There have been previous backlashes of the country against the city in American history, and some of those other backlashes have coincided with new technologies that made the big city seem much closer. I'm thinking of the wave of rural populism in the United States just after World War I, at the moment when movie theaters and broadcast radio were beginning to bring New York City to every small town in America. Then, too, New York City and its values started to seem too close, and too threatening to traditional values, and there was a pushback. The Scopes Monkey trial didn't happen when Darwin's model of evolution won over university biology departments; that happened in the last decades of the nineteenth century. The Scopes trial happens in 1922, when new media technologies suddenly thrust rural America into daily contact with their urban neighbors and their urban world-view.

More unsettling is the application of Sanchez's basic model to other situations. What is a jihadist, after all, but a person who experiences Western culture as "too close," too threatening, and too much to assimilate? (Let me say that I am not posing any moral equivalence between jihadist terrorism and any strand of American ideology. Countenancing mass murder puts al-Qaeda and their sympathizers beyond any moral pale. I'm trying to trace structural parallels between two ideologies, not to conflate them or treat both as equally extremist.) Jihadism is not fundamentally a traditional movement, but a flight to an artificial "traditionalism" in response to Western culture. Al-Qaeda isn't a movement of nomadic Bedouins, but a movement of highly urban, Westernized and educated Arabs; it recruits from the people who are most exposed to Western ideas and mores. Osama bin Laden is a person who could have lived comfortably in London or New York if he liked, and his rejection of the West is a very deliberate by someone who earlier enjoyed the fruits of Westernization.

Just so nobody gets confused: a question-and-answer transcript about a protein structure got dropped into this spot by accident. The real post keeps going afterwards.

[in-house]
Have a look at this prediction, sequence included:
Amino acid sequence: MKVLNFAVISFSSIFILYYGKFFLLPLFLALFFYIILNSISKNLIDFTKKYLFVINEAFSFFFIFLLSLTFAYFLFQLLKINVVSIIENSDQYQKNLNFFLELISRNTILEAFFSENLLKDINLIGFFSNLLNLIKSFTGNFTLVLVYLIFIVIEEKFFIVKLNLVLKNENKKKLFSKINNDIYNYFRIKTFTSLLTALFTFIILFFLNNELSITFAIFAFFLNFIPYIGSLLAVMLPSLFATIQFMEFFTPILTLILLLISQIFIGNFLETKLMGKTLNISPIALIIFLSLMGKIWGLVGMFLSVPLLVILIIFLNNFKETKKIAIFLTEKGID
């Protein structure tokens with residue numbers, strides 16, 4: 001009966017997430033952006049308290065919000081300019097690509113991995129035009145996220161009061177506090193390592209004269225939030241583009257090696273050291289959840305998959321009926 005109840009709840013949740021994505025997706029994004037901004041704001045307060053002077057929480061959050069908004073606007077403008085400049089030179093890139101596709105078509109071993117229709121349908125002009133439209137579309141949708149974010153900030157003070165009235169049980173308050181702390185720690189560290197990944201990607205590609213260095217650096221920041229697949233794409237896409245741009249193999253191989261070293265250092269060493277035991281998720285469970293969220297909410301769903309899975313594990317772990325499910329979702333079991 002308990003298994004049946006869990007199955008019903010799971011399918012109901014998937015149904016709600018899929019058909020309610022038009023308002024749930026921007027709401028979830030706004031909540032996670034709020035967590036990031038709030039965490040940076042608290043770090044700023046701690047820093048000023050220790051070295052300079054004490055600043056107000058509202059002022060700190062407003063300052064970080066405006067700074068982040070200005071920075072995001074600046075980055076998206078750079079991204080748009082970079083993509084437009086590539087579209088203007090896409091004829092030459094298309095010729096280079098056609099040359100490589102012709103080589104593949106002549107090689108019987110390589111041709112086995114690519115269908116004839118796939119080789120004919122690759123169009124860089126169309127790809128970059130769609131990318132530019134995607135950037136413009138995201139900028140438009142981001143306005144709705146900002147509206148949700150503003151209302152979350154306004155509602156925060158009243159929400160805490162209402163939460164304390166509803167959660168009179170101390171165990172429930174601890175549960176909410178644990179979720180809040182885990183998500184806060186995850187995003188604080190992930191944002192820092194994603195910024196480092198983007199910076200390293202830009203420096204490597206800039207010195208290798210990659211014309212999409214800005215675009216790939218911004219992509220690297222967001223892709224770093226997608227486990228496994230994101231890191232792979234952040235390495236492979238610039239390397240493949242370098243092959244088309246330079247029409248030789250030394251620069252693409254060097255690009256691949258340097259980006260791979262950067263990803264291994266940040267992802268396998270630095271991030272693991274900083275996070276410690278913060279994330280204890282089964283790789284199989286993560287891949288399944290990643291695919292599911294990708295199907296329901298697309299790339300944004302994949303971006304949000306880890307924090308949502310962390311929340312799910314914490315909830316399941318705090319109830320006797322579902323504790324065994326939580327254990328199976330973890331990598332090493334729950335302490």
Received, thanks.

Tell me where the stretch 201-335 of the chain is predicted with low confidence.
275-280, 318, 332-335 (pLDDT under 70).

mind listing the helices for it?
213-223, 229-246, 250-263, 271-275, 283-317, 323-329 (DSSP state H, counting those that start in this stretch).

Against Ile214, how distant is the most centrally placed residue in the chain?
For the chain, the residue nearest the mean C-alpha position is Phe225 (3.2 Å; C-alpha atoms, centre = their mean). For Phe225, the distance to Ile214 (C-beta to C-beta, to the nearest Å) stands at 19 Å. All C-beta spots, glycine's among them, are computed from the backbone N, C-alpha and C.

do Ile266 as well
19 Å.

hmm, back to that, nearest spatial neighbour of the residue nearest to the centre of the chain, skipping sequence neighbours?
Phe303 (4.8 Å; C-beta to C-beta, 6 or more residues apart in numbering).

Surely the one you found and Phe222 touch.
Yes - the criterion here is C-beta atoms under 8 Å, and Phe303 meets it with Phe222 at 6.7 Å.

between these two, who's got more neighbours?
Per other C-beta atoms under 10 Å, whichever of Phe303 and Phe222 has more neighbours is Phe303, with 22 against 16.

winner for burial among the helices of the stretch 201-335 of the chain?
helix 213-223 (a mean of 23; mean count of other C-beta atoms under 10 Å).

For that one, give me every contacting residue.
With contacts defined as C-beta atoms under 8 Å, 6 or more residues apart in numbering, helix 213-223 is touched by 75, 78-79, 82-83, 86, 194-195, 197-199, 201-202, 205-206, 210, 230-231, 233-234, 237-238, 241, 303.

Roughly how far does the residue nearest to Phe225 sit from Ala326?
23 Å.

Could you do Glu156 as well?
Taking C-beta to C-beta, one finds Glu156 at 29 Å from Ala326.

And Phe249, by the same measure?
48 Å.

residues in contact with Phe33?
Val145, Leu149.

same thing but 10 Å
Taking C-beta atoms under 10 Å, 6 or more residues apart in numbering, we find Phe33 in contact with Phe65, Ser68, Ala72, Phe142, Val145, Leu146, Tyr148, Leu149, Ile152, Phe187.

What bin Laden's sympathizers evidently want is for the West to go away. The call for a purification of Islamic culture, and the turn toward the re-creation of an imagined and idealized past, is an attempt to reduce the feeling of being under foreign influence. The globalized "flat world" which Thomas Friedman believes will eventually smooth out local differences, is in fact exactly what makes the jihadists angry. In a flat world, whole societies are forced to realize that they are the provinces, and not the center; accepting globalization, for many people, means accepting that someplace else is more important than your place, and that you are a rube. The flat world brings Europe and America too damn close, leading jihadists to retreat into their rigid, epistemologically closed ideology.

Obviously, this is not to say that jihadists should be given what they want. They shouldn't, and they can't. The West is not going to go away, the global economy is not going to dissolve, and the Islamic Middle East is not going to influence Western culture as much as it is influenced by it. The jihadist vision of the world is fundamentally a rejection of the world as it is; even if Osama bin Laden got the things he allegedly wants (and which he understands perfectly well he cannot get), such as U.S. troops withdrawn from Saudi Arabia, he would still not be happy. Western culture and Western influence would still be there. He simply can't get what he wants, and on some level probably knows it.

But while the actual membership of Al-Qaeda are implacable and beyond any negotiation (because their key demands are impossible), it's important to think about how the West deals with potential jihadist sympathizers, with the teenagers whom the jihadists want to recruit and with the non-combatant civilians who might donate money to jihadist causes or support jihadist candidates.

As I understand it, lot of our current PR and propaganda aimed at Arab youth tries to trade on their affection for Western culture; your average teenager in Egypt or Jordan or Saudi Arabia may hate the U.S.'s policy on Israel, the thinking goes, but they love Michael Jackson. So our outreach strategy tries to leverage their attraction to Western music and pop culture. But they were always into Michael Jackson; the magnetic pull of our pop culture has always been part of the problem that jihadism purports to answer. Western pop culture raises questions about cultural identity and loyalties that jihadism (however dishonestly) promises to simplify. Western movies and music and fashions make young people feel like yokels, far away from where the cool stuff happens; jihadism offers them a rigid nativist pride, and tells them the world around them is all the world they need. I can't say that wooing the Muslim world with the most attractive parts of our culture is the wrong strategy, but the jihadists' appeal is designed to exploit our very attempts at wooing. Maybe this will simply take a long time, as love for the West and for the East wrestle in Arabic hearts. But if so, it will have to take as long as it takes.